What is Microphone Impedance?

Microphone Impedance

Microphone impedance is the amount of opposition that a microphone has to AC signals.

Every microphone comes with an impedance rating. What is the significance of this rating? What is a good rating? As a general rule, the lower the impedance rating, the better. Why is this so? This will be explained now.

When a person talks into a microphone, the speech that is spoken are AC voltage signals. When we talk, it is AC voltage signals that we speak. These signals are, in turn, picked up by the microphone and converted into equivalent electrical signals. Most of the times, the microphone is hooked up in series to an amplifier so that the amplifier can increase the strength of the signal, since the microphone signals alone are not powerful enough to drive speakers. So the microphone is connected in series with an amplifier.

Now remember that when devices are hooked up in series, a voltage divider circuit is formed. Voltage is divided, or dropped, across the devices depending on the impedance of the devices. More voltage is dropped across the device with the higher impedance and less voltage is dropped across the device with the lower impedance. With the circuit that we have with a microphone in series with an amplifer, we want the maximum amount of voltage possible transferred to the op amp so that it can get all of the signal from the microphone, amplify it, and bring it to the next part of the circuit, which may be speakers to play out the sound. If most of the signal gets dropped across the microphone and not the amplifier, this is a waste, since it doesn't go on to get amplified and passed on as output. It is desired that most of the AC voltage signals get dropped across the amplifier so that it can receive the full signal and amplify it and drive it to the next part of the circuit. In order for the maximum voltage transfer to occur from the ac voltage signals to the op amp, the microphone should be the lowest impedance possible while the op amp should be the highest impedance possible. With this setup, most of the voltage drops across the amplifier.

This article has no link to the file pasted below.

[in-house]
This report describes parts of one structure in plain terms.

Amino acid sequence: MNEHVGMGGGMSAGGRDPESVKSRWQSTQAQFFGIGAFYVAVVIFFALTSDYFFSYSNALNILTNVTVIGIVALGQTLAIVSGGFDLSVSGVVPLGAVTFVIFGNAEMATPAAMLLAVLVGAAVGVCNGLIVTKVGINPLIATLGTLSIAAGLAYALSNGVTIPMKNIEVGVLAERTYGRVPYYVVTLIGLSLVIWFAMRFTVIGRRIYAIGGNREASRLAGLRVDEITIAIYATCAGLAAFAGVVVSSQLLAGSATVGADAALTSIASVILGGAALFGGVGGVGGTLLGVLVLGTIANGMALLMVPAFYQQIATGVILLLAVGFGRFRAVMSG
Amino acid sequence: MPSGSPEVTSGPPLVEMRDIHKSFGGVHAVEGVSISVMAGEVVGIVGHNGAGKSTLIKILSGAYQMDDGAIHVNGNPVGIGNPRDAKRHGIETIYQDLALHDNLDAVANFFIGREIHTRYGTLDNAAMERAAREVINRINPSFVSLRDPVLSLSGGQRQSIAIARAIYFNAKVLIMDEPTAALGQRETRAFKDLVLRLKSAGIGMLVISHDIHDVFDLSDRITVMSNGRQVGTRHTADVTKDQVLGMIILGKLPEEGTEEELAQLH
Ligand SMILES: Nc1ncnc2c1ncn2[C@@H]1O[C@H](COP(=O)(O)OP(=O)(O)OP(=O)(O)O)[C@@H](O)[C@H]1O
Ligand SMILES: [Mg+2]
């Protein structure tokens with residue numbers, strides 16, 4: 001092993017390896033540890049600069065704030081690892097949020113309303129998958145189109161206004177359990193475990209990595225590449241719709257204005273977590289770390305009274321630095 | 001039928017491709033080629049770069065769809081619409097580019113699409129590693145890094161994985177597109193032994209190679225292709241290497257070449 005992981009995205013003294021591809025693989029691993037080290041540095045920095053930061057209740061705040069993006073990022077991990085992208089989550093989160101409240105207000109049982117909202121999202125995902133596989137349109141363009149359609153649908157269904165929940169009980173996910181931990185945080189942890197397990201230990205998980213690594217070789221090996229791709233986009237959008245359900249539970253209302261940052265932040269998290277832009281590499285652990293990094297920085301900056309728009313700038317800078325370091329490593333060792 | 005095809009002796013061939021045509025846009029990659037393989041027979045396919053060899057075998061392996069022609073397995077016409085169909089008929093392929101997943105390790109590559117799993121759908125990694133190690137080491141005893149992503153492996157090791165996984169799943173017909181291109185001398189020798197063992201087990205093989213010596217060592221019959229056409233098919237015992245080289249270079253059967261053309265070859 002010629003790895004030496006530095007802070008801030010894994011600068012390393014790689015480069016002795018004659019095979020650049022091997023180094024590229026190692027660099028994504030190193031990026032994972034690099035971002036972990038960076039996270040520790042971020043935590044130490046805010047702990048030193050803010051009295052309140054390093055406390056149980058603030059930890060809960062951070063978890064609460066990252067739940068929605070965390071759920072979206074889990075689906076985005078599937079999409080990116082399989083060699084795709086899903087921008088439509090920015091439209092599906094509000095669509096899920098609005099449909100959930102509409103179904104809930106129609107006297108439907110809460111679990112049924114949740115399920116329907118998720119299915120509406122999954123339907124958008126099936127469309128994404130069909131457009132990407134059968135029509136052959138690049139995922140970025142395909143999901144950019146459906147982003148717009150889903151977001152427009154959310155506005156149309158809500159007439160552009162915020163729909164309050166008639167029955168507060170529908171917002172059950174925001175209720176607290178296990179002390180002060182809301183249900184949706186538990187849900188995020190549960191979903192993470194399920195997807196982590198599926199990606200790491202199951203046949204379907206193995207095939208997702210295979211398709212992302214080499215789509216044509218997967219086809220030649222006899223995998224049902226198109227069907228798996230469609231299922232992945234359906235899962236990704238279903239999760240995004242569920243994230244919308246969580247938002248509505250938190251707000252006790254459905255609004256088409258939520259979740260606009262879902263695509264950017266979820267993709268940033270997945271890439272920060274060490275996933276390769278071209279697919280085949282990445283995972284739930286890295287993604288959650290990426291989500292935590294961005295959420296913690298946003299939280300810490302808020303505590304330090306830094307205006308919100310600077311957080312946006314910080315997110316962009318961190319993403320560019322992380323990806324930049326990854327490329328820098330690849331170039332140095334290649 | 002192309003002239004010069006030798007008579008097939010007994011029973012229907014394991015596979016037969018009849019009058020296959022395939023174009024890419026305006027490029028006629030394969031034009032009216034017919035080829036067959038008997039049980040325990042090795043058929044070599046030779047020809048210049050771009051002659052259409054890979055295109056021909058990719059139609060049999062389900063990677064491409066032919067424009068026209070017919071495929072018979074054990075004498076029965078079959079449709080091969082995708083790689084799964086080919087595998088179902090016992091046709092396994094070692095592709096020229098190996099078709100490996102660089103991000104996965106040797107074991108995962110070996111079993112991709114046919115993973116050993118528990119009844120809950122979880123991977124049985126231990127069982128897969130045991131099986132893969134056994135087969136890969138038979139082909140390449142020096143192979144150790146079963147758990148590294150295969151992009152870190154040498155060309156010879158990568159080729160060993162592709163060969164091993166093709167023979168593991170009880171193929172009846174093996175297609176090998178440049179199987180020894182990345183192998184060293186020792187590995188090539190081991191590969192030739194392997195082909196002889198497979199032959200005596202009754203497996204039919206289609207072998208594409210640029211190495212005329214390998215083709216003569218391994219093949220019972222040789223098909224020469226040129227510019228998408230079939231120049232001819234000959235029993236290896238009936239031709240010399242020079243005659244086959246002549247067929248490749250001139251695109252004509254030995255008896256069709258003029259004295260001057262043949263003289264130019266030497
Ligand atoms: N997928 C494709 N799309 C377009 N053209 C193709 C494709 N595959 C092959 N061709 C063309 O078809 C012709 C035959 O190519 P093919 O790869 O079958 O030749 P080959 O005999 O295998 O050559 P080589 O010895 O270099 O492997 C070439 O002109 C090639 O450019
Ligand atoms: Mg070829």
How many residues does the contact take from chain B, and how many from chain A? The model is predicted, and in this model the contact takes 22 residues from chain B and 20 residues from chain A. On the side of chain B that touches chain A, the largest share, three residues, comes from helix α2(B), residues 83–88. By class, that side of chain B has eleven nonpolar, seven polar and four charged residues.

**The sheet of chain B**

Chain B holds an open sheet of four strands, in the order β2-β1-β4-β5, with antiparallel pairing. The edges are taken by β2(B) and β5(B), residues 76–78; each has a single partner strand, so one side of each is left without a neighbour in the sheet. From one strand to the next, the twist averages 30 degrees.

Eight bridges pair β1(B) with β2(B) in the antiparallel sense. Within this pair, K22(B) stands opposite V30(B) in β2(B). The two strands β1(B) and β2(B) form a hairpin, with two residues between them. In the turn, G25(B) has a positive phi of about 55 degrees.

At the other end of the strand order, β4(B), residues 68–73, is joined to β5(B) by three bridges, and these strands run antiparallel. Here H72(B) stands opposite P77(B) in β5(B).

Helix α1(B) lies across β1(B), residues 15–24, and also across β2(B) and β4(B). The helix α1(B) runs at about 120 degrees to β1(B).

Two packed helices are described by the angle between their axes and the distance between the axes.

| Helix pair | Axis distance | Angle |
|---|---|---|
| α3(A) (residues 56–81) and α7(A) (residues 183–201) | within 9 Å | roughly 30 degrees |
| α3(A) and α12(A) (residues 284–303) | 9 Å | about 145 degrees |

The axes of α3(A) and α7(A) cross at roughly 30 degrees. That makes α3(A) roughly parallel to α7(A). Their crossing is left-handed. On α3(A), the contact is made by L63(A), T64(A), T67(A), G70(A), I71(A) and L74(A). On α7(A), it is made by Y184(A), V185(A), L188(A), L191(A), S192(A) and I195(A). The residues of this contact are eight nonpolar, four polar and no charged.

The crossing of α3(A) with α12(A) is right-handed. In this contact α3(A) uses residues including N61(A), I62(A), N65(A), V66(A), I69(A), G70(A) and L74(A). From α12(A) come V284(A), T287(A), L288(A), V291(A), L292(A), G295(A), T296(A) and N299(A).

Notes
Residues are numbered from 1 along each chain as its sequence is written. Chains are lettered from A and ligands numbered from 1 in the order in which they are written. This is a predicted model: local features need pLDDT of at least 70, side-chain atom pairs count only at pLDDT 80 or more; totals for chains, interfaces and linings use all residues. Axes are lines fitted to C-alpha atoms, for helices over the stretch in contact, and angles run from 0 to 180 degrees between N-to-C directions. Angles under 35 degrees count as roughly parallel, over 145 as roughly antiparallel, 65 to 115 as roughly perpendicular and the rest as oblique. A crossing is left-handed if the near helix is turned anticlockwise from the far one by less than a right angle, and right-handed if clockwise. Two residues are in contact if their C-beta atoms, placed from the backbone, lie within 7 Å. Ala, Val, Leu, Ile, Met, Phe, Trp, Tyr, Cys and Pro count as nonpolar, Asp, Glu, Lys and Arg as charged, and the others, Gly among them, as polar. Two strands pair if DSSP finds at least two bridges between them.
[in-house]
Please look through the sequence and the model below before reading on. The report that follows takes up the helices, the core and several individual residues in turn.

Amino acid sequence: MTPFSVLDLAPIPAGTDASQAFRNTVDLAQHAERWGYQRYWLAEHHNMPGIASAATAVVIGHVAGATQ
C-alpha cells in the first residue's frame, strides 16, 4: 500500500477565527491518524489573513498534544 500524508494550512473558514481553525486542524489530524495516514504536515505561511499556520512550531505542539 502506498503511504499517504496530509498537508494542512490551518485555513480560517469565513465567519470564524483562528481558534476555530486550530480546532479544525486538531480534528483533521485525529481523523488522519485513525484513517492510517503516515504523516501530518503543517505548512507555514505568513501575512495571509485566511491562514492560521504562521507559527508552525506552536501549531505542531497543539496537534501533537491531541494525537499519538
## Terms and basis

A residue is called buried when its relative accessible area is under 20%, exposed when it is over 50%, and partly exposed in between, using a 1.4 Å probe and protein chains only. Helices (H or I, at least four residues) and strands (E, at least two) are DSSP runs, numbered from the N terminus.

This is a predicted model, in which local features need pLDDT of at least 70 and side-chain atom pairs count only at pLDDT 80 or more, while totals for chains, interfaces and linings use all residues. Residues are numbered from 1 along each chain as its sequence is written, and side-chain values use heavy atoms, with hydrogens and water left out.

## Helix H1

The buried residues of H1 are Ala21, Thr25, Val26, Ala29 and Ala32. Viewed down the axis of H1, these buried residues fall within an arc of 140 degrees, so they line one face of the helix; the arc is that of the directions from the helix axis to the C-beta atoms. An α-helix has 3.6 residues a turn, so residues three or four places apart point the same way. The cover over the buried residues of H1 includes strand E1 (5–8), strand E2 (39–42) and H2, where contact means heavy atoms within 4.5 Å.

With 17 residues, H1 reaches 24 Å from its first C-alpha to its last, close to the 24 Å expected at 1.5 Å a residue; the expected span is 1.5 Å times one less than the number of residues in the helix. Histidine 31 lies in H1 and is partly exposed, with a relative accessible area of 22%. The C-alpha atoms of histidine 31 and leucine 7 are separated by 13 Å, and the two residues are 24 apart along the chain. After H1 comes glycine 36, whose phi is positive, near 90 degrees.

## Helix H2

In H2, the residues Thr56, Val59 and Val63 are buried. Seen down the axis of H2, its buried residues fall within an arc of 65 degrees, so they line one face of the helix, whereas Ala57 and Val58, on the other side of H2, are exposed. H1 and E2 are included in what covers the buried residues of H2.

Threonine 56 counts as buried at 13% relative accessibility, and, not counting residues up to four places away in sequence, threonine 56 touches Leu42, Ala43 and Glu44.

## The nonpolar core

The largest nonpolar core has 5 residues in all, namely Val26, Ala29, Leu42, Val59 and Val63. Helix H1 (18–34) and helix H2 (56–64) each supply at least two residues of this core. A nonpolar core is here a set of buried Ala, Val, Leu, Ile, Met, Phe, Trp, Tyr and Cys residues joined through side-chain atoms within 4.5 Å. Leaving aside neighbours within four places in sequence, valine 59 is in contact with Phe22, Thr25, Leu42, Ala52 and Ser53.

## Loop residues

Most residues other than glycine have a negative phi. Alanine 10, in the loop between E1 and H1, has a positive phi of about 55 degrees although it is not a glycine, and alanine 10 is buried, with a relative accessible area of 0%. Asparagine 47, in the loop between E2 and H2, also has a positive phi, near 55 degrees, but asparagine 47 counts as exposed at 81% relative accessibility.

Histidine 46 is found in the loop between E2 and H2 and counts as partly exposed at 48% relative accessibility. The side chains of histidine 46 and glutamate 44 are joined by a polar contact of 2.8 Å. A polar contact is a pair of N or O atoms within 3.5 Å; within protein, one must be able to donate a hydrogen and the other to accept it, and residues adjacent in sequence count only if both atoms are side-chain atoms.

Usually, impedance is not a critical factor in microphone circuit design because normally the amplifier that amplifies the signal output from the microphone has a very high input impedance of several megohms. So compared with the typical microphone that has an impedance of about 1-2KΩ, the amplifier gets the majority of the voltage signal dropped across it rather than the microphone. However, in the case where a microphone may have very high impedance of over several hundreds of thousands of ohms and the impedance of the amplifier may be low, choosing a microphone with the correct impedance may be crucial for proper signal recording.

Related Resources

What is Microphone Sensitivity?

What is a Directional Microphone?

What is Microphone Frequency?

What is a Microphone's Sensitivity Rating?

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